The Montessori Story
On January 6th, 1907 Maria Montessori opened the first Casa de Bambini—or “Children’s Home” in the San Lorenzo slum of Rome. It was here she would teach the “peasant” children of poor families who had never before had the chance of formal schooling. Here she put into place her ideas for early childhood education based on the principles of her scientific research, close observation, and her profound respect for the life of the child.
More than one hundred years later is a good time to reflect upon what she would see and think now. It is safe to say that she would still be of the belief that “anyone who wants to follow my method must understand that he should not honour me, but follow the child as his leader”.
So much has changed in the world, and in the lives of children in particular, that it seems decidedly idealistic to imagine that our classrooms should not change with them. This leaves us in the position of hesitating to actually follow the child into the present because we would rather stick to the ‘seemingly’ rigid rules of what people ‘believe’ Montessori to be. Creating a “prepared environment” within the school that is conducive to peaceful, centred and attentive learning is an existing and central part of the Montessori methodology. Siolta Quality Assurance Principles set out standards which have refined these ideas by including aspects such as lighting, accessibility and aesthetics when designing environments. With areas such as home corners, construction areas and the like we have managed to create a home from home, including the different cultural aspects of each individual child to further the idea that the child’s home is in our house.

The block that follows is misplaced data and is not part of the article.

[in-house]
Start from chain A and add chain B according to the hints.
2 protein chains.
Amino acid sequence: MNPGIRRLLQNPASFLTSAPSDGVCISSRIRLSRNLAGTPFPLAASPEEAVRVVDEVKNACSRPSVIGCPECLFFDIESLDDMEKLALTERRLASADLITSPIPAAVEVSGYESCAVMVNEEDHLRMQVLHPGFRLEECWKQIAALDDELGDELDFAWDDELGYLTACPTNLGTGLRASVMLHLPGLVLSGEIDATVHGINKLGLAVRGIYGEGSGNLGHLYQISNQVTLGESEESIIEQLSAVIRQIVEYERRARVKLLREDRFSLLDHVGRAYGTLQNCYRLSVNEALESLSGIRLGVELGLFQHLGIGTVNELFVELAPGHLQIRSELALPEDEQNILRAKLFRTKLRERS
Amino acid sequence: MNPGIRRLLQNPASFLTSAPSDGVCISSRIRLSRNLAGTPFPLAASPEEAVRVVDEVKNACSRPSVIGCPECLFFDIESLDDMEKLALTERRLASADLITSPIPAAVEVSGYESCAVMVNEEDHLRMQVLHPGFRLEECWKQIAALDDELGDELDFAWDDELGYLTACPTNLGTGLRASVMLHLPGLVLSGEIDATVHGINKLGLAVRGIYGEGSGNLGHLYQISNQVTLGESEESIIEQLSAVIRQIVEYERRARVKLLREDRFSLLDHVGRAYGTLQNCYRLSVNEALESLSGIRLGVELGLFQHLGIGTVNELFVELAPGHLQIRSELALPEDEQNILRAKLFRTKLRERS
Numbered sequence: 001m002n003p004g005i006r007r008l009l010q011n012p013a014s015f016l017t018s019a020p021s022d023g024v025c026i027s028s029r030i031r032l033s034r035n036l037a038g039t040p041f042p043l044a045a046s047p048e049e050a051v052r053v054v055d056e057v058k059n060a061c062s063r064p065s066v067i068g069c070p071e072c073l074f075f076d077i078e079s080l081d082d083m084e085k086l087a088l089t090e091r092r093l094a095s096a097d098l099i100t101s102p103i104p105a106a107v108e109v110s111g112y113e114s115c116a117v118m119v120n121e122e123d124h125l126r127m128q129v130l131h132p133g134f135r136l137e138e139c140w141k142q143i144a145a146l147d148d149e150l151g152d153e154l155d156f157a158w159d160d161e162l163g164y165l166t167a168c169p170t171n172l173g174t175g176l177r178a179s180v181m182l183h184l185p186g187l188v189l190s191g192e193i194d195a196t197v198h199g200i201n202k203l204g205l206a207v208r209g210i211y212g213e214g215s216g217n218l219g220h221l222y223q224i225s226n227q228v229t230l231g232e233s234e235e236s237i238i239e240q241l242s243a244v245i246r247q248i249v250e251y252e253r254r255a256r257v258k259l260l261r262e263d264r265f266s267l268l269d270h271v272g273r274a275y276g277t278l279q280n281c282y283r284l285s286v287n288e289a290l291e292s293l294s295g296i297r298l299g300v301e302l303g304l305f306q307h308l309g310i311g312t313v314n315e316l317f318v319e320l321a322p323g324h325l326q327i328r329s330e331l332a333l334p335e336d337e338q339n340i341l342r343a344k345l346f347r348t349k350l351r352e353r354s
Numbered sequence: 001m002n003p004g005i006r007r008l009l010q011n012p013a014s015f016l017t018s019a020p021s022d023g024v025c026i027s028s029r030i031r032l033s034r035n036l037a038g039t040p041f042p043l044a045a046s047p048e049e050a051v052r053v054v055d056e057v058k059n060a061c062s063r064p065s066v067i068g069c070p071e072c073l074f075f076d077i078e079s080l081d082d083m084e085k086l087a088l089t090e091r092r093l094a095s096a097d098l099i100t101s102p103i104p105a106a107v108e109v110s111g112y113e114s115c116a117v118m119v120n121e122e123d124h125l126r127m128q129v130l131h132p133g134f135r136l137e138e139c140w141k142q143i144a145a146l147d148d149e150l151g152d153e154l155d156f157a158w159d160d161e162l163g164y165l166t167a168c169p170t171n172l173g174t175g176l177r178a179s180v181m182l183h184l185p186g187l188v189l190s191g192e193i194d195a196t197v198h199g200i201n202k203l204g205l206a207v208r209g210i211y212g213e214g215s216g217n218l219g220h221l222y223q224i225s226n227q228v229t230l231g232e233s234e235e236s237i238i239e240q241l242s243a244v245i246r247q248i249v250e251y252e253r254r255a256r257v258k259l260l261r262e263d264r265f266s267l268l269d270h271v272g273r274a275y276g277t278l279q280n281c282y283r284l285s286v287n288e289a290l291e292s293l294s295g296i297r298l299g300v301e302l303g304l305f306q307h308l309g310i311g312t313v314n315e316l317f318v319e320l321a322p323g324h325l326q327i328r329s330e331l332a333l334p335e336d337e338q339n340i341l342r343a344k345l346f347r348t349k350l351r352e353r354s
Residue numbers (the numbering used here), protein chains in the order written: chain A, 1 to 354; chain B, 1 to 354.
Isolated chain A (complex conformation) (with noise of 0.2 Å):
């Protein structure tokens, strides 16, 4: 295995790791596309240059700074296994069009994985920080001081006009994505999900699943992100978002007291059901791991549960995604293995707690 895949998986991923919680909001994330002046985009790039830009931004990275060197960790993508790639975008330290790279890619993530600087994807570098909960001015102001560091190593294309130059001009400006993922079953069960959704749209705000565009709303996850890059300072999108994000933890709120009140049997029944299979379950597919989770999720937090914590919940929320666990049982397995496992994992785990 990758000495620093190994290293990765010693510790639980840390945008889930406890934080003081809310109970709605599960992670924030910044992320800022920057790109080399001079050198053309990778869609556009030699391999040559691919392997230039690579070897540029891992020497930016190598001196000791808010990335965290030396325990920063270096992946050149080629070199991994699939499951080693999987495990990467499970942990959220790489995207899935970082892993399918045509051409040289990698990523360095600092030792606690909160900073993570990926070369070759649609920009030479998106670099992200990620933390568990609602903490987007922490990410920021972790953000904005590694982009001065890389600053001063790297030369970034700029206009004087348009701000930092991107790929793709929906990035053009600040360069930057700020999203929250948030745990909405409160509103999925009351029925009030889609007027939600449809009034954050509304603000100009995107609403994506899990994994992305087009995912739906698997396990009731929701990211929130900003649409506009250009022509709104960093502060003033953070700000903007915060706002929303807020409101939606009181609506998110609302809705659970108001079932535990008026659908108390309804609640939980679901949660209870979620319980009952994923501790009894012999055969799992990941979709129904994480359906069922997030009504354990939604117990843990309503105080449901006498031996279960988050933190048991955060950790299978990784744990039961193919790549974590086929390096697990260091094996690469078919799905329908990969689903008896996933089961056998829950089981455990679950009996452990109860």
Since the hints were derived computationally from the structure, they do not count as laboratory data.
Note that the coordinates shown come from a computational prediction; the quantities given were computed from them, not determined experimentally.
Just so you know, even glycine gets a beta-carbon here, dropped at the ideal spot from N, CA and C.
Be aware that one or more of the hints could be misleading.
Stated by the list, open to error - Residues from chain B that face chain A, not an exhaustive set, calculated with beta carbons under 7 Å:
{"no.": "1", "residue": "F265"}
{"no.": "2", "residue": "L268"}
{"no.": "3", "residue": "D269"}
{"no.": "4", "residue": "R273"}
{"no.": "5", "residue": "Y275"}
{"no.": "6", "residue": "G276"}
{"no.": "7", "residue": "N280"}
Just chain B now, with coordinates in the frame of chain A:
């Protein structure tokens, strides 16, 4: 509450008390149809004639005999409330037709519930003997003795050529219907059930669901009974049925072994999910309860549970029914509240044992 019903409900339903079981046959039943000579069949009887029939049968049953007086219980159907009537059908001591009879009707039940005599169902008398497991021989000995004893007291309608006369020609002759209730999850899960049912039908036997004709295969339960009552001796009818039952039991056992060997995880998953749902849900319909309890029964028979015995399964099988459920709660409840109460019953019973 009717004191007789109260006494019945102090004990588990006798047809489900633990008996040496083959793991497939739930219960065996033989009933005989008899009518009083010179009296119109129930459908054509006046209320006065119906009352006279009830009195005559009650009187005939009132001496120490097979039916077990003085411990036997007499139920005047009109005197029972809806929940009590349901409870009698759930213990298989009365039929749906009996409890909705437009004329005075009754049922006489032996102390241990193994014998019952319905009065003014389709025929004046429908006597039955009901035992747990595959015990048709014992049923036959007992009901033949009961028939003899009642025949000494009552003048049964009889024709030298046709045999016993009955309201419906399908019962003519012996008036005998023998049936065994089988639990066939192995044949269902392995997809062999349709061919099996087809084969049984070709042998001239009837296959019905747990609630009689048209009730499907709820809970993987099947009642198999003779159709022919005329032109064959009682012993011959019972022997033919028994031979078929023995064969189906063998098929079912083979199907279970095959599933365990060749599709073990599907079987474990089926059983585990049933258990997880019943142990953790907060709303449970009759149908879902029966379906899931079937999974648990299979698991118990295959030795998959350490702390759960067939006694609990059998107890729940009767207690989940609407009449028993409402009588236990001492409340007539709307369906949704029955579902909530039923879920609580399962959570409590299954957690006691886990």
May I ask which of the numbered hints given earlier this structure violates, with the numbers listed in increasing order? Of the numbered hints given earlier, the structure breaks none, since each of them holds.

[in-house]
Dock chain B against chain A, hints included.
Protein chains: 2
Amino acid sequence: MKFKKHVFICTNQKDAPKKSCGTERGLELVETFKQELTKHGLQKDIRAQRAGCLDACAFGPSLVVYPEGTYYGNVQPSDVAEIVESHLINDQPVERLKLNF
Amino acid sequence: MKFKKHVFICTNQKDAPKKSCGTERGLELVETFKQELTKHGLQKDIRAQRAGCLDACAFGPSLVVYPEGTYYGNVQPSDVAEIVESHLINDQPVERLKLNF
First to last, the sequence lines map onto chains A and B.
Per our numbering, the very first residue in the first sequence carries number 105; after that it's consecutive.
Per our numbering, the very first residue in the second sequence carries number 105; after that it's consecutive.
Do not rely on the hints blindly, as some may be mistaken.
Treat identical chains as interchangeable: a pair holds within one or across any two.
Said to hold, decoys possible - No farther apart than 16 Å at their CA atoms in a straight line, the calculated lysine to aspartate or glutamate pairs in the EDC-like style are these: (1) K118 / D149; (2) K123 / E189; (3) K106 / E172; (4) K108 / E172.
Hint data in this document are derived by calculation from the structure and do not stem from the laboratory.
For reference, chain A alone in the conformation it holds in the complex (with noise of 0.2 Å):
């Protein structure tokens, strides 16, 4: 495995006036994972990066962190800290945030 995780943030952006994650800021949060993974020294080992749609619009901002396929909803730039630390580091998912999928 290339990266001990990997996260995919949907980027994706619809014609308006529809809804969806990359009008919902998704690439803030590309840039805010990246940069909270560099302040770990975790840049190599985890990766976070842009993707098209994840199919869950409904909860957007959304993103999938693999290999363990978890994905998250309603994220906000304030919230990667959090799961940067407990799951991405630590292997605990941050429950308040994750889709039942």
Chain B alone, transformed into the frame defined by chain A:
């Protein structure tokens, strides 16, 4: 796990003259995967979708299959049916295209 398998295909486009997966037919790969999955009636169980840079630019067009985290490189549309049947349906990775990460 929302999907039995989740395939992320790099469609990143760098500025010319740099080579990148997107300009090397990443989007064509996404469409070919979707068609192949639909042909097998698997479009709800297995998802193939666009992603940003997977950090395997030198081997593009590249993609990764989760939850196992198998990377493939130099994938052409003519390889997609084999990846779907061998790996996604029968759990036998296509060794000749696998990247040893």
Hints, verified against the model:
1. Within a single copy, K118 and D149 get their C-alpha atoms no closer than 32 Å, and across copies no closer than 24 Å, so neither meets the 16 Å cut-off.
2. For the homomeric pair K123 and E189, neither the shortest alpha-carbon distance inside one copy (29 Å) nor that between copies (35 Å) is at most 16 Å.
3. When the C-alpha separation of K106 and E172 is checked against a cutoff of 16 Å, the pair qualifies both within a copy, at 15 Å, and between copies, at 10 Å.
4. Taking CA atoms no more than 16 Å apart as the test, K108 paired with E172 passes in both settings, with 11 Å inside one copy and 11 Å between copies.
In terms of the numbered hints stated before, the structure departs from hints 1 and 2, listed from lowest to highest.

Tina Bruce tells us that children use first hand experiences from life when playing and that play should be child led and include props, but is this not what Maria Montessori was saying all those years ago when using her practical life exercises, whereby the children were able to choose which real life materials they took from the shelf? Aistear Curriculum Framework tells us that learning should be a holistic process dealing with well-being, identity and belonging, communicating and exploring and thinking. Again Montessori was ahead of her time when using the five areas of Montessori (practical life, sensorial, language, mathematical and cultural exercises) as a method to speak to the inner and outer self of the child when addressing the quadrant of the child’s experiences to include body, self, culture and society.
Montessori believed that the “Absorbent Mind” of a child is when a child uses his senses to create himself. He does this naturally, without thought or choice. Has this absorbent mind now become saturated? Children today comparing a portable Play Station to the Pink Tower might see it as a little one-dimensional. Compared to flashing screen images on Sky’s Disney Channel “quiet time” might seem more boring than serene. If so where better to relax this saturated mind than in the Montessori classroom where they can become immersed in the exercises to give his mind a rest.
It is true to say that Montessori has evolved, and will continue to evolve, as long as we are prepared to keep updated with new theories that can be amalgamated to further forward this approach.